Chenonceau: The ladies’ chateau
by McKenna Darby
| Chateau de Chenonceau as seen from Catherine de Medici's garden. It is|
widely considered the most beautiful chateau in France and one of the most
beautiful in the world
Chenonceau is one of France’s smaller castles. What it lacks in size, however, Chenonceau more than makes up for in history – and in beauty. As Laure Menier, curator of Chenonceau writes in her introduction to one the chateau’s many guidebooks: “The very name of this site evokes music; the vision of it, pure enchantment. Here charm transcends beauty. The majesty and simplicity of Chenonceau touches the heart and the soul.” Poetic, yes, but Chenonceau is every bit of this and more.
The chateau is distinctive in part for being constructed in the middle of the Cher River. The river, placid as a lake on fair days, reflects the castle’s white stone and dainty turrets like a noble lady’s looking glass. Which is appropriate, for Chenonceau is popularly known as “the ladies’ chateau.” Through the centuries, six strong and memorable women built Chenonceau, maintained it, expanded it, loved it, fought over it, and made its place in history.
The first was Katherine Briçonnet. Katherine’s husband, Thomas Bohier, acquired the property from the debt-ridden Marques family in 1496, and proceeded to tear down both the medieval castle and mill that stood there. Only the Marques tower, which Katherine renovated in Renaissance style, still stands near the castle’s front entrance. On the foundations of the previous castle and mill, Katherine and Thomas built a new castle, almost perfectly square. With Thomas was away for long periods, tending to the king’s finances, Katherine supervised most of the construction. The castle’s ornate double doors and an Italian-style coffered-oak ceiling, the oldest surviving example in France, are widely attributed to Katherine’s influence.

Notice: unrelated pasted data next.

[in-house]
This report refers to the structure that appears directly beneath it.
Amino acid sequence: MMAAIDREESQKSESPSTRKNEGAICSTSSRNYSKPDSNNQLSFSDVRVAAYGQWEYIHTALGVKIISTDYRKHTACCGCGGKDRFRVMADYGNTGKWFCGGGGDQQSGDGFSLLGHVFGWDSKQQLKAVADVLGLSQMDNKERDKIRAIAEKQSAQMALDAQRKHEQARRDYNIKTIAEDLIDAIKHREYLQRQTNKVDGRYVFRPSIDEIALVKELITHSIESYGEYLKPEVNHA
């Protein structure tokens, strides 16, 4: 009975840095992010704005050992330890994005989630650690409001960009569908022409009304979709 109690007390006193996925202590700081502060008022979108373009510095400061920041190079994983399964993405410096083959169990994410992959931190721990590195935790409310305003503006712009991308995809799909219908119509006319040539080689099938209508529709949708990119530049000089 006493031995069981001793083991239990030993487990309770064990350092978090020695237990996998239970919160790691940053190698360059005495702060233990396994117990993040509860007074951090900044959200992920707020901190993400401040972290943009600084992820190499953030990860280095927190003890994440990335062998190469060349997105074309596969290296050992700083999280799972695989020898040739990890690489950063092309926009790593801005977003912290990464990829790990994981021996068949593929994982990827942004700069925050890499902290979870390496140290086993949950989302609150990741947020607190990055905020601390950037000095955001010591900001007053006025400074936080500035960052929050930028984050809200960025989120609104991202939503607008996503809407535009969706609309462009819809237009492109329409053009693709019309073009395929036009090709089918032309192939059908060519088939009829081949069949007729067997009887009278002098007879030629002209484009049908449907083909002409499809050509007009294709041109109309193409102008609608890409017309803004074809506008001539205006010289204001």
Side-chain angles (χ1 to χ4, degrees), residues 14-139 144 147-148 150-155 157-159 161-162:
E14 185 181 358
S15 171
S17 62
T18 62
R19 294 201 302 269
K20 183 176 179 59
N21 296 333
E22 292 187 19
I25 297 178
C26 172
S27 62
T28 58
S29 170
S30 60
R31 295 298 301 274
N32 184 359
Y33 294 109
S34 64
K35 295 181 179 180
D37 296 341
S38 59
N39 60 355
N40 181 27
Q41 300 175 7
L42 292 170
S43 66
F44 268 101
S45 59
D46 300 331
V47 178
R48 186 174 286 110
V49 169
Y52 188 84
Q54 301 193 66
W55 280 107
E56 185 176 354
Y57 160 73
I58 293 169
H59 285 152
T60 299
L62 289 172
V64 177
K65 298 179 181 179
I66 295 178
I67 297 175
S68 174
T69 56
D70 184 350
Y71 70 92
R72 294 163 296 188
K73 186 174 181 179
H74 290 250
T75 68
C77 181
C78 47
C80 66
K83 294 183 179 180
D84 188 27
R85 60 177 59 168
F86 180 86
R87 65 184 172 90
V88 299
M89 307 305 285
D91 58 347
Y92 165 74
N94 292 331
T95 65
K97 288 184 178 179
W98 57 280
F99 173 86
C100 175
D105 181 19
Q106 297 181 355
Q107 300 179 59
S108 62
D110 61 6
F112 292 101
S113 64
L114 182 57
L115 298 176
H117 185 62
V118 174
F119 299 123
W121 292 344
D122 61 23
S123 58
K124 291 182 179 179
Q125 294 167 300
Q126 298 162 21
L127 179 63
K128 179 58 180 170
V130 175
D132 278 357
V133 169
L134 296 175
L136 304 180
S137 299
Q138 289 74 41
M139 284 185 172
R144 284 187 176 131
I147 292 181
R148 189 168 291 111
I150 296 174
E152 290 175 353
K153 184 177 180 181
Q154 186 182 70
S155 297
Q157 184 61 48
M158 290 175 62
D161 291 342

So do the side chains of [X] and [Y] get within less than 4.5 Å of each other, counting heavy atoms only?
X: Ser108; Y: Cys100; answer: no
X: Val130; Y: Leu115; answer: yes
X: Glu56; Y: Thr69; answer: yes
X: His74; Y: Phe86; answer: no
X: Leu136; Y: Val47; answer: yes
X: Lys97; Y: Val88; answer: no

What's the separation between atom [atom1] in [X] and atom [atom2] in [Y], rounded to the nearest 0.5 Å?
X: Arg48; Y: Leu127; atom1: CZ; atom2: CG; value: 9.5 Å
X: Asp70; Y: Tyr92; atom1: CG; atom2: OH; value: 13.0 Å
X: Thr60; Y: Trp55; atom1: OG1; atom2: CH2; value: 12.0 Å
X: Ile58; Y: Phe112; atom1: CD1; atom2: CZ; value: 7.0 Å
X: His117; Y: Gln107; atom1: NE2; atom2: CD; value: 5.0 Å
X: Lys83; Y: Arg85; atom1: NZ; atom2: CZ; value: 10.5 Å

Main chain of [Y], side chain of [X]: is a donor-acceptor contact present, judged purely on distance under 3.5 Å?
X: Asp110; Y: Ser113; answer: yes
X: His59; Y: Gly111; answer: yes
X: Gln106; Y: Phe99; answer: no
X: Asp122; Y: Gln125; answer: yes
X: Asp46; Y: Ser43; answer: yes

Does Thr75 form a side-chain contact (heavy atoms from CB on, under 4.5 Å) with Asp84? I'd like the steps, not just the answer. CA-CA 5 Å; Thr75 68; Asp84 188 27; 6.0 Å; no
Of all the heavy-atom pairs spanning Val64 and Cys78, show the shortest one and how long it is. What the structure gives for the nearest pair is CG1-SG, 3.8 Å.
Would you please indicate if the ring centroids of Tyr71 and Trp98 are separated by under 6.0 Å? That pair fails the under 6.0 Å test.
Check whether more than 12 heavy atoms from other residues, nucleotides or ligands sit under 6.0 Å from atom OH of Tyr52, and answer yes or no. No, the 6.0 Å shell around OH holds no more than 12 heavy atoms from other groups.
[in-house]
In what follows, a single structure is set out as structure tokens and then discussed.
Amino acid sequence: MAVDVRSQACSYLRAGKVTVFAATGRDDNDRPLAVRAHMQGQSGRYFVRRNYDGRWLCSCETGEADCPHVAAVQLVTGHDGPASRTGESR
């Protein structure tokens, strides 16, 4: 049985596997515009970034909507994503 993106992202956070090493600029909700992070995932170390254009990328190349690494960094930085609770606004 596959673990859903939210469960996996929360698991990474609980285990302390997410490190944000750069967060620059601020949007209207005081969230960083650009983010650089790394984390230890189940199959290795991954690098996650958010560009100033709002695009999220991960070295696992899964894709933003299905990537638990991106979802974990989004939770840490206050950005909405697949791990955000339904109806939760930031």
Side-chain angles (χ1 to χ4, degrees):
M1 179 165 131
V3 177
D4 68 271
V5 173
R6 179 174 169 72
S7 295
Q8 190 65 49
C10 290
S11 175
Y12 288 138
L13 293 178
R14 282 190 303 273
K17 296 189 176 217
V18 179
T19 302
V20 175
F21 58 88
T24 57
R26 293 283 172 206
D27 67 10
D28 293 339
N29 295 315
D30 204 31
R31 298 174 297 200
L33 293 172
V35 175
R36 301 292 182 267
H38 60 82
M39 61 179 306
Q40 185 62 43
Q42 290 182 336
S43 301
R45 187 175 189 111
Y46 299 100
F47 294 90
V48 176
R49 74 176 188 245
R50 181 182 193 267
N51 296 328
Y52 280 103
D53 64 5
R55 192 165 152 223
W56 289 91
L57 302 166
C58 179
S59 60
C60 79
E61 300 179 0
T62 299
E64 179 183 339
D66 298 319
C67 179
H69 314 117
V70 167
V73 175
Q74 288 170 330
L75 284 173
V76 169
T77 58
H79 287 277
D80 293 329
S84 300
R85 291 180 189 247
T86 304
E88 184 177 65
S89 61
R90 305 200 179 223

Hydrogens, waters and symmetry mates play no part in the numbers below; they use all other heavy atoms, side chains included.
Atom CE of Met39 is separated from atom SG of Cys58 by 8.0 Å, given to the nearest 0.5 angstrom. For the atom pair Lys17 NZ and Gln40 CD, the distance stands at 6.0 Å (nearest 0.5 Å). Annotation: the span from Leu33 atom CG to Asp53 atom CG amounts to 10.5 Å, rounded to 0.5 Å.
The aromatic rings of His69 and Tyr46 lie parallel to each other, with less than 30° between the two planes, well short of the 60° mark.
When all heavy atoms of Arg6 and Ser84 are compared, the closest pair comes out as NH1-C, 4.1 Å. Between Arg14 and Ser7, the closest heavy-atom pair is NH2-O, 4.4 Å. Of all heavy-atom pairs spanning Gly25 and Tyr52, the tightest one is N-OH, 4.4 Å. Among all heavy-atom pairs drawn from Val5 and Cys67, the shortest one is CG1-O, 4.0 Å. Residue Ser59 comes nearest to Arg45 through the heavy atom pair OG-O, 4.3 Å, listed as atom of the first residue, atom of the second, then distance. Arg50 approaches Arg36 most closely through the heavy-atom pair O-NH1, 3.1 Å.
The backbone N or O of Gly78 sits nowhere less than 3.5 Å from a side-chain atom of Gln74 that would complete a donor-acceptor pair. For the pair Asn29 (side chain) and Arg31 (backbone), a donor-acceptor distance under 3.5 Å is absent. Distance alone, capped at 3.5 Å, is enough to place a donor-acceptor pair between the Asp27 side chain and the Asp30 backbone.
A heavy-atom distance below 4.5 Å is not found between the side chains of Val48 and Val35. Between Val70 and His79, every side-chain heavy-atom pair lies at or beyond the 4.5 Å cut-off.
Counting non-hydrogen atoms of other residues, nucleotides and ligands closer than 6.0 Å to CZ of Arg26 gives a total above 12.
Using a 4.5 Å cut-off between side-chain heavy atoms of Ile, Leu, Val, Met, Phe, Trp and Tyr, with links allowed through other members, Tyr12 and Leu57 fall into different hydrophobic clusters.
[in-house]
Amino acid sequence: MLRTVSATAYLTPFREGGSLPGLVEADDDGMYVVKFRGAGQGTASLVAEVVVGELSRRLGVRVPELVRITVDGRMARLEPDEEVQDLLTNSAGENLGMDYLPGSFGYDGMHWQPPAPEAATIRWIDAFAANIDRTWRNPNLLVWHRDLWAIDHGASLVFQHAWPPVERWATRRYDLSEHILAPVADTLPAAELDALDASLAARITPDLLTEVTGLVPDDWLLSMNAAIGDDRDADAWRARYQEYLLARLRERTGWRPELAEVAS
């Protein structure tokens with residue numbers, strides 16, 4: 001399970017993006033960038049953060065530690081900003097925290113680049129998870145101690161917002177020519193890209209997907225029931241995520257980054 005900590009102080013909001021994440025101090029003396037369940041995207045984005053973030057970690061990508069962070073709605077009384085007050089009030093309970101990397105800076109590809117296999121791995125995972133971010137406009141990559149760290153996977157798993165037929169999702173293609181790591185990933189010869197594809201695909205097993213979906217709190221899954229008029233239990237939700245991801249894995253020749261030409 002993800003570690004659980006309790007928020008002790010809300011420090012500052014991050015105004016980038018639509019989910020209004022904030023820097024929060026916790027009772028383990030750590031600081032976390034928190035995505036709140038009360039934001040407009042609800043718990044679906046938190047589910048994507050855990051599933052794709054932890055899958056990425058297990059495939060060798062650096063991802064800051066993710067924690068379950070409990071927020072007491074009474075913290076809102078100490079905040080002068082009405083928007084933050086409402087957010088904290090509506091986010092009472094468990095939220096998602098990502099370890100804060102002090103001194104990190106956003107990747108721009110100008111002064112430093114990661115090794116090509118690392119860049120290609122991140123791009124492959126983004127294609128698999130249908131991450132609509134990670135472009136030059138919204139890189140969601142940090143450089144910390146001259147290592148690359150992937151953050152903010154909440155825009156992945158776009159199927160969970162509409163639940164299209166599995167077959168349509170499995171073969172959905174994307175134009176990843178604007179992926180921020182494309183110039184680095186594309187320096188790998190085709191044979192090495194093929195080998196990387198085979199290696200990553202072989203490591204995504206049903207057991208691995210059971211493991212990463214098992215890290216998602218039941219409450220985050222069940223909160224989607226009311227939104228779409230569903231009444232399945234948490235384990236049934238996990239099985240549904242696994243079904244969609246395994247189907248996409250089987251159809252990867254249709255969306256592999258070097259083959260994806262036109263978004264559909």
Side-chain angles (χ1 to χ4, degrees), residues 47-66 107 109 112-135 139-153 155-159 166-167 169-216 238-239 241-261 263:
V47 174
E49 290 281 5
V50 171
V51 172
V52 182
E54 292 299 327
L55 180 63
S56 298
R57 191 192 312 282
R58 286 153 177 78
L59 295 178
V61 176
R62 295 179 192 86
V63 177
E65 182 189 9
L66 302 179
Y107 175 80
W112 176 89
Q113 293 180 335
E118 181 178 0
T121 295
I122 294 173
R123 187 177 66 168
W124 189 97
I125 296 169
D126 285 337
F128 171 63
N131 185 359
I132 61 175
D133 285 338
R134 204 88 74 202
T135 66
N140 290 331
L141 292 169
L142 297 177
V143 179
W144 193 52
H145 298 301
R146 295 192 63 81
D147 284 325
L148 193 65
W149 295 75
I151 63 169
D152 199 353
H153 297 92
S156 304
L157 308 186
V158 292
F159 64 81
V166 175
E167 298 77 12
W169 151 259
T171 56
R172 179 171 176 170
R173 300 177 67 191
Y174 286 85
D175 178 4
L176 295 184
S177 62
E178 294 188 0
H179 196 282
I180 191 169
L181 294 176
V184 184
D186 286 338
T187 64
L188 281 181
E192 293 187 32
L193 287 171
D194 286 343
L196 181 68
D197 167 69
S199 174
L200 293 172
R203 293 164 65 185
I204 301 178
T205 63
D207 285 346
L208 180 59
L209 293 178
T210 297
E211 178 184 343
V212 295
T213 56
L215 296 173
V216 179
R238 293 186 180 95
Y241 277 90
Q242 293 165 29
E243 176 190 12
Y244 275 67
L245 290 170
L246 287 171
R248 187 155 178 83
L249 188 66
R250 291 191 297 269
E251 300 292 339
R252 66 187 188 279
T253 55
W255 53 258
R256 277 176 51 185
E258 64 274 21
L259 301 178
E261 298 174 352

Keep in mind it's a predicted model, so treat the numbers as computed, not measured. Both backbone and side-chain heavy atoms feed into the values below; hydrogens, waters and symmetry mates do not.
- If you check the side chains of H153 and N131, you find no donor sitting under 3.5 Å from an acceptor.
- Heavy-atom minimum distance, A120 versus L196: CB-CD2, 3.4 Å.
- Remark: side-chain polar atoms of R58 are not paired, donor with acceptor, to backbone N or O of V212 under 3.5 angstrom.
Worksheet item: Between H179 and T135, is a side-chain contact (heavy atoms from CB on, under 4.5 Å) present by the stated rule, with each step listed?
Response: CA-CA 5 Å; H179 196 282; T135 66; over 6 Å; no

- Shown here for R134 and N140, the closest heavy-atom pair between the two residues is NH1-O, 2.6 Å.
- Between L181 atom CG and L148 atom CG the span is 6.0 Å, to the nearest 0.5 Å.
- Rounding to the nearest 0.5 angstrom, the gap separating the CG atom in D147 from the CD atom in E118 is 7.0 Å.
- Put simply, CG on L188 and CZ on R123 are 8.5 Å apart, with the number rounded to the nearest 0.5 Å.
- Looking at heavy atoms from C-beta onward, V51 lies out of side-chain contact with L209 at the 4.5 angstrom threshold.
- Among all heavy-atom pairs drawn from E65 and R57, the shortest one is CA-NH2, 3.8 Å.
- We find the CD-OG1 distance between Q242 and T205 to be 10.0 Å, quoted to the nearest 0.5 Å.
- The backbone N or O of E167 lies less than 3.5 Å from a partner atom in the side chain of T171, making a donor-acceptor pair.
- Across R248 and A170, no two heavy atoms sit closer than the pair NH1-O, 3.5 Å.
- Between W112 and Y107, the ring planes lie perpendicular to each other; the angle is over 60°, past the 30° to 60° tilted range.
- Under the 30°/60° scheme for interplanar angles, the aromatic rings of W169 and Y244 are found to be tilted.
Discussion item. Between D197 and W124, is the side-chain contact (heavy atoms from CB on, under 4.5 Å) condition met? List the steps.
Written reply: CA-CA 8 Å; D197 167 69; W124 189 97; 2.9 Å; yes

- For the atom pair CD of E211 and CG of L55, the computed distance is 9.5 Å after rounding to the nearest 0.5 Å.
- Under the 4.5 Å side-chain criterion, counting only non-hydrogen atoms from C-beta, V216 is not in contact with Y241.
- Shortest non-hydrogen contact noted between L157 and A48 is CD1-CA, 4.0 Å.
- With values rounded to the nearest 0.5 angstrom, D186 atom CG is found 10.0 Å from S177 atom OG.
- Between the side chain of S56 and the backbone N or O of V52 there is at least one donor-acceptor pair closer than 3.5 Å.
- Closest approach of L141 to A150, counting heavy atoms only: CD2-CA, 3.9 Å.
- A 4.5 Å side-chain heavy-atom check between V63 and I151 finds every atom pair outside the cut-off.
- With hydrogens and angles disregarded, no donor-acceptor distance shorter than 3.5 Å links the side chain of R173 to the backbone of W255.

Shortly after Thomas died, King Francis I seized the chateau as part of a lawsuit against his financiers; Chenonceau became a royal castle. Men were not destined to control the castle, however. Francis died soon after he gained control of the property, and control passed to his son, Henri II.
Henri had two important women in his life: his wife, Catherine de Medici, and his mistress, Diane de Poitiers. Although Catherine assumed she would control the castle, Henri awarded it to Diane instead. The decisions enraged the queen, but Catherine was 20 years younger than her rival. In keeping with her famous motto, “Hate and wait,” Catherine bided her time, expecting that Diane would soon die. Instead, the notoriously athletic and healthy Diane applied her talent for business management to develop a thriving farm at the chateau. She then used the farm’s proceeds and the estate’s rents to renovate and enlarge Chenonceau, constructing some of the most spectacular gardens of the era and adding a scenic bridge that connected the chateau to the far bank of the Cher.
When King Henri died in a tragic jousting accident, Catherine no longer had to wait. She seized Chenonceau, evicted Diane, and set about to put her own mark on the castle. On the opposite side of the chateau from Diane’s garden, Catherine built her own, complete with lemon and orange trees. She also built two galleries on top of Diane’s bridge, a project Diane had planned but never had a chance to execute.